The taxpayer must demonstrate that the restriction of his property detrimentally affected the property value, from an objective standpoint.  For example, the Tax Court found that a developer that limited the number of houses it would develop suffered no detriment because a flood plain in fact necessitated the same limit.  Turner v. Comm’r, 126 T.C. 299 (2006).  Likewise, historical façade easements have come under attack for purporting to restrict the right to change the façade in ways already restricted by local laws protecting historical structures.

2.  Document enforcement of the easement.

The taxpayer can strengthen his showing of detriment by demonstrating that the donee is likely to enforce the easement.  Evidence that the donee has the right and resources to take legal action to enforce the easement is a good starting point.  Documentation that the donee has already taken even simple steps to enforce the easement against the donor, or against similarly-situated donors, will demonstrate that the taxpayer and donee are not colluding against the IRS.  For example, the donor may have enforced the easement by properly recording it and making annual visits to the property to ensure that the donor is not infringing on the easement.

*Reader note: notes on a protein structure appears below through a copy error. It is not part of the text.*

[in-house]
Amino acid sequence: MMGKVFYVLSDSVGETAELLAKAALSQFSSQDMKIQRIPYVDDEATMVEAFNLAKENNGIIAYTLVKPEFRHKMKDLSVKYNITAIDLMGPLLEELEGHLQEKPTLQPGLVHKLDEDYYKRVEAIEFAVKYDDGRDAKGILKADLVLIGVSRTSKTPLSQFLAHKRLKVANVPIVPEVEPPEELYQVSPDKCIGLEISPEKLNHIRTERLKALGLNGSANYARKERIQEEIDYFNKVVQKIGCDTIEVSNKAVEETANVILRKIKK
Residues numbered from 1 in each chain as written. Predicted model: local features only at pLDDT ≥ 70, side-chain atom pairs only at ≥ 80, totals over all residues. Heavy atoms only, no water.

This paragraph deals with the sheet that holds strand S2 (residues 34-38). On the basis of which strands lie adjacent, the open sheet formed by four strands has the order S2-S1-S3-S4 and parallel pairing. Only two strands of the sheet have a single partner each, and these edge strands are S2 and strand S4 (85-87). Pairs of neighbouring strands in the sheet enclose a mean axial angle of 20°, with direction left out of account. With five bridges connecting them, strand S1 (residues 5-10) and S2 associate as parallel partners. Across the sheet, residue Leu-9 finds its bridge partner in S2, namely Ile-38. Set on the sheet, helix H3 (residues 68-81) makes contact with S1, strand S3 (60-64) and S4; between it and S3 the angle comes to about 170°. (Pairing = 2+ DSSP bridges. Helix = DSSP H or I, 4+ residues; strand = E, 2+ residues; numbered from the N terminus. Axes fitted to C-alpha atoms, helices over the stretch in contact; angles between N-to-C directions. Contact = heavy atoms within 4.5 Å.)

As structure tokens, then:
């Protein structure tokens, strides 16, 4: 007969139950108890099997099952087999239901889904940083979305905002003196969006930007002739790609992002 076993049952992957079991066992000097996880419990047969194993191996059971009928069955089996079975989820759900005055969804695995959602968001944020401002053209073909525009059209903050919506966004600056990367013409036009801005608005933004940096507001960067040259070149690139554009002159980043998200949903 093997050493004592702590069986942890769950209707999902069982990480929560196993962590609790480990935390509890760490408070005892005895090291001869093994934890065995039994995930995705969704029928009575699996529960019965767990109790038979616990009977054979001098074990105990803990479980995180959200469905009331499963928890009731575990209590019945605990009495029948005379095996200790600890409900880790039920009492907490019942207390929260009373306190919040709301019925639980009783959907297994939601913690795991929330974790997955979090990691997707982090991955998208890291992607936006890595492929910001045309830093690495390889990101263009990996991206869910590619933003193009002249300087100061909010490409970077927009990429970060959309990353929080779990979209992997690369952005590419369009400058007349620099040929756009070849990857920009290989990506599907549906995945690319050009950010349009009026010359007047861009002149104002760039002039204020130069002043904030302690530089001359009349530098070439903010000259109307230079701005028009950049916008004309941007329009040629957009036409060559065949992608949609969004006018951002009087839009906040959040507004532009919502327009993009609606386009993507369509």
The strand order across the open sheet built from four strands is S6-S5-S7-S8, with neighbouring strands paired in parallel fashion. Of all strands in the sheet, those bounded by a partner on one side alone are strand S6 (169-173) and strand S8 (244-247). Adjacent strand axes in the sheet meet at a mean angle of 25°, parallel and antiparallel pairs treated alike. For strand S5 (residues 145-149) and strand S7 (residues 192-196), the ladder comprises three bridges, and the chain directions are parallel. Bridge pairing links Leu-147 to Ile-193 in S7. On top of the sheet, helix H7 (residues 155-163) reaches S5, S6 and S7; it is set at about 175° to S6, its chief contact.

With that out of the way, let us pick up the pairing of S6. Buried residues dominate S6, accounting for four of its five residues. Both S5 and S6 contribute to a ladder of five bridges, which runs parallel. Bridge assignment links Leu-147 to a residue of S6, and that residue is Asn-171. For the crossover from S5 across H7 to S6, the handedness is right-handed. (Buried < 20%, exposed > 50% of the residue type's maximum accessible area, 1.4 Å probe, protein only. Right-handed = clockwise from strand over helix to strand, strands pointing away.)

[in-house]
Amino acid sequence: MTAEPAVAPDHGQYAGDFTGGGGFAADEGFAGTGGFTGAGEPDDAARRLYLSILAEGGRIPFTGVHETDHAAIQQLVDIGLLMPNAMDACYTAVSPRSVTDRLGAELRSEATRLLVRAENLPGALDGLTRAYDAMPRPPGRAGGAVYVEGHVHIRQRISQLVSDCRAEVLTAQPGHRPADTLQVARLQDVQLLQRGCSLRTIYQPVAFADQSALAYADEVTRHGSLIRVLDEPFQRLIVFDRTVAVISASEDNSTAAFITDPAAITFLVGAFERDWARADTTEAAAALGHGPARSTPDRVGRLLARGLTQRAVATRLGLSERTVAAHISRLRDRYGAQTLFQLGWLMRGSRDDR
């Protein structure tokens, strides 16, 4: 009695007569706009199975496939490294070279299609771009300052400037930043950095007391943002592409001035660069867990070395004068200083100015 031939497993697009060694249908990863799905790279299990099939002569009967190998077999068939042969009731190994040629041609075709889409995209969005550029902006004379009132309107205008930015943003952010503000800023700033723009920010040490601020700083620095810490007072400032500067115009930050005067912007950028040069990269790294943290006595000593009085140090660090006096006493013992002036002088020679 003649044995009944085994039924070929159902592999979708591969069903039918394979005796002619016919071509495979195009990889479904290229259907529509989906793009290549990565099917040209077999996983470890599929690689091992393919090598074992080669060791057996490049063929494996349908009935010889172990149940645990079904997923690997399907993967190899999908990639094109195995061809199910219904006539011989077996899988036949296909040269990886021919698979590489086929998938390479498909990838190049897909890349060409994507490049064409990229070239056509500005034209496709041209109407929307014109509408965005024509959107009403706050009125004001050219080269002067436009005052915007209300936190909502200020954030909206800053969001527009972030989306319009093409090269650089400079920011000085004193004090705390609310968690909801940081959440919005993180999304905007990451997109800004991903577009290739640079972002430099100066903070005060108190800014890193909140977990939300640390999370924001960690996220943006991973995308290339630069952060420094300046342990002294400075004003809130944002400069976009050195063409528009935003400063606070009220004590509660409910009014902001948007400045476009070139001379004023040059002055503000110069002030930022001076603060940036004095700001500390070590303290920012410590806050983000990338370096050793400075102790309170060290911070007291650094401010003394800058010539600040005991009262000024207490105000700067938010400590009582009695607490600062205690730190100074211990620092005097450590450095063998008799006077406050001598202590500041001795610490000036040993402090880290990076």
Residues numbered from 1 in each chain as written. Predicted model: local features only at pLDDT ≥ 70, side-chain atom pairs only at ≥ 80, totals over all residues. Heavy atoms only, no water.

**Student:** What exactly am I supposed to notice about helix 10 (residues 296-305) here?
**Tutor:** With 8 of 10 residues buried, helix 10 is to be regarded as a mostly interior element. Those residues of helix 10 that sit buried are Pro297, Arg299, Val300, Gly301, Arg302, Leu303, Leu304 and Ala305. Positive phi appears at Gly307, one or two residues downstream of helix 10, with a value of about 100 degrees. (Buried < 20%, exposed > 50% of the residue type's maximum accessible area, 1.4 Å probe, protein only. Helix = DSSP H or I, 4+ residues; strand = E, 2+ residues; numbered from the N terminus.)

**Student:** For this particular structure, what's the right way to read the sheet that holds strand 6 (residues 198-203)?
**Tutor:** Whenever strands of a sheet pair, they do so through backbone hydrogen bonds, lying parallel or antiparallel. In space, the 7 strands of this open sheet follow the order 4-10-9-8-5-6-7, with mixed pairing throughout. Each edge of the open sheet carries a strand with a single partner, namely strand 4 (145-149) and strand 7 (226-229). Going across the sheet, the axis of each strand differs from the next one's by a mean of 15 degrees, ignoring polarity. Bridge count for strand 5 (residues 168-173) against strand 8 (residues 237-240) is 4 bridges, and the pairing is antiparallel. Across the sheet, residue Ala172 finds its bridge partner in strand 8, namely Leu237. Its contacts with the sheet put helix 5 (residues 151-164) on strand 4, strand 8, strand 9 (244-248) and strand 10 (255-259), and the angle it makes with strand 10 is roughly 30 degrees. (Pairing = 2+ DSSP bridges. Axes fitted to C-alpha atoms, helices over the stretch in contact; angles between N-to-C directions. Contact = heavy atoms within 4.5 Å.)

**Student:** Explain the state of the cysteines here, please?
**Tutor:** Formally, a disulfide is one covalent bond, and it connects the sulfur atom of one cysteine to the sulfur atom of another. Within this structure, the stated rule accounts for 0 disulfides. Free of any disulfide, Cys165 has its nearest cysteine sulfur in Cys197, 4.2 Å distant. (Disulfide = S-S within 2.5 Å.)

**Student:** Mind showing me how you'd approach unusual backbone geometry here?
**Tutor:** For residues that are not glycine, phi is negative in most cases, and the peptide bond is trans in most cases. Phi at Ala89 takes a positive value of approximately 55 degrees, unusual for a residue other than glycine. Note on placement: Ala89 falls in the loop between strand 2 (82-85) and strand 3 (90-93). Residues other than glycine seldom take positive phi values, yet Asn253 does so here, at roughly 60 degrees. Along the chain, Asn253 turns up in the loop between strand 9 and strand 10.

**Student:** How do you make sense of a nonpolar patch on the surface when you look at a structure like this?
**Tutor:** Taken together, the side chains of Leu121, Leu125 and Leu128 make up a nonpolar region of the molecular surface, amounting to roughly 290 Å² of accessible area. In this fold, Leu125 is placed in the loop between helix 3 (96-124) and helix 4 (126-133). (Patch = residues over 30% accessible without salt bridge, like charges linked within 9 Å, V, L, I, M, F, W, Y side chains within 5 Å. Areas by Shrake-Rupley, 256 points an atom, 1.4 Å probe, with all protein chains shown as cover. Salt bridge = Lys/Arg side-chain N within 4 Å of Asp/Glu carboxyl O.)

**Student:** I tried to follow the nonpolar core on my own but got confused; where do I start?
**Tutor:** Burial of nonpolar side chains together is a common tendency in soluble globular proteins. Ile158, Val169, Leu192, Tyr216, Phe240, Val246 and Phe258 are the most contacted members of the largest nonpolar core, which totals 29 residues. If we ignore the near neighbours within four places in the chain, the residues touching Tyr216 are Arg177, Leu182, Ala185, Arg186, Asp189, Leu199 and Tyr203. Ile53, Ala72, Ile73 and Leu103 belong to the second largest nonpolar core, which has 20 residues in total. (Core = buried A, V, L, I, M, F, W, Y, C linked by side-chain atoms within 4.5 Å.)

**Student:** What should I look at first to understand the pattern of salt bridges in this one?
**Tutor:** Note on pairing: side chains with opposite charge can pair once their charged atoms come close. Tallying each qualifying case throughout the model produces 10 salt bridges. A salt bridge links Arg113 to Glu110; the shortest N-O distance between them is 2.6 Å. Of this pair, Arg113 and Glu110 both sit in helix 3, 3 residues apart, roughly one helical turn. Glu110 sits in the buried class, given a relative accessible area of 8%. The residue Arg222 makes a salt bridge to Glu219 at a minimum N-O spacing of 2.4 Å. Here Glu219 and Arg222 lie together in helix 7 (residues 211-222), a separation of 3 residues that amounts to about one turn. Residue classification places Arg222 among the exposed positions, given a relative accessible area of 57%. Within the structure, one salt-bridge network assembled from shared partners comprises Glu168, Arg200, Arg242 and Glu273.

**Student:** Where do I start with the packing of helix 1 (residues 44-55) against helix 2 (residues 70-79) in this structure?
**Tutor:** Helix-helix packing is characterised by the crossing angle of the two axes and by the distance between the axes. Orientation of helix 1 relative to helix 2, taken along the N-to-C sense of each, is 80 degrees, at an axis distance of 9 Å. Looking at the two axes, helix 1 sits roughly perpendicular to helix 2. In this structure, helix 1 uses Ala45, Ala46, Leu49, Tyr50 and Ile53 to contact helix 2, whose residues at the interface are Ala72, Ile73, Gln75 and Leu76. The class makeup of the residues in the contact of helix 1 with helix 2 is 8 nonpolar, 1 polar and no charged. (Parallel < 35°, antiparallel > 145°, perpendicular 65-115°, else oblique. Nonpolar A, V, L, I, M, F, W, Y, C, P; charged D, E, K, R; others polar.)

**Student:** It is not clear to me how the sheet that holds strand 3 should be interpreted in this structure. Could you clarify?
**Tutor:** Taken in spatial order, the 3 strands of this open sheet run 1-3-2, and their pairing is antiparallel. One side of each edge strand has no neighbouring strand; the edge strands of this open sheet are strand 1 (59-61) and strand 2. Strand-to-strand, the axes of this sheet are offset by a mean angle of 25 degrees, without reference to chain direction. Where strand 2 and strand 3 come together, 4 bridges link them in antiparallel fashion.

3.  Establish that valuation was reasonable.

Defending the valuation of the donation of the easement is a highly technical process.  While reliance on an independent, qualified appraiser, as instructed by Form 8283, is certainly helpful, the underlying appraisal will be examined thoroughly.  Generally, a “before and after” valuation methodology is employed to determine the reduction in value that the property suffers as a result of the easement.  The amount deducted must also be reduced for any increase in the value of the donor’s property, including contiguous and non-contiguous property.  For example, the deduction for a conservation easement placed on beach front property would have to be reduced to reflect any resulting increase in the value of the donor’s beach house.  In addition, be aware that there is a “related party” rule that requires reduction of the deduction by any increase in value to a related party’s land.

4.  Confront quid-pro-quo issues.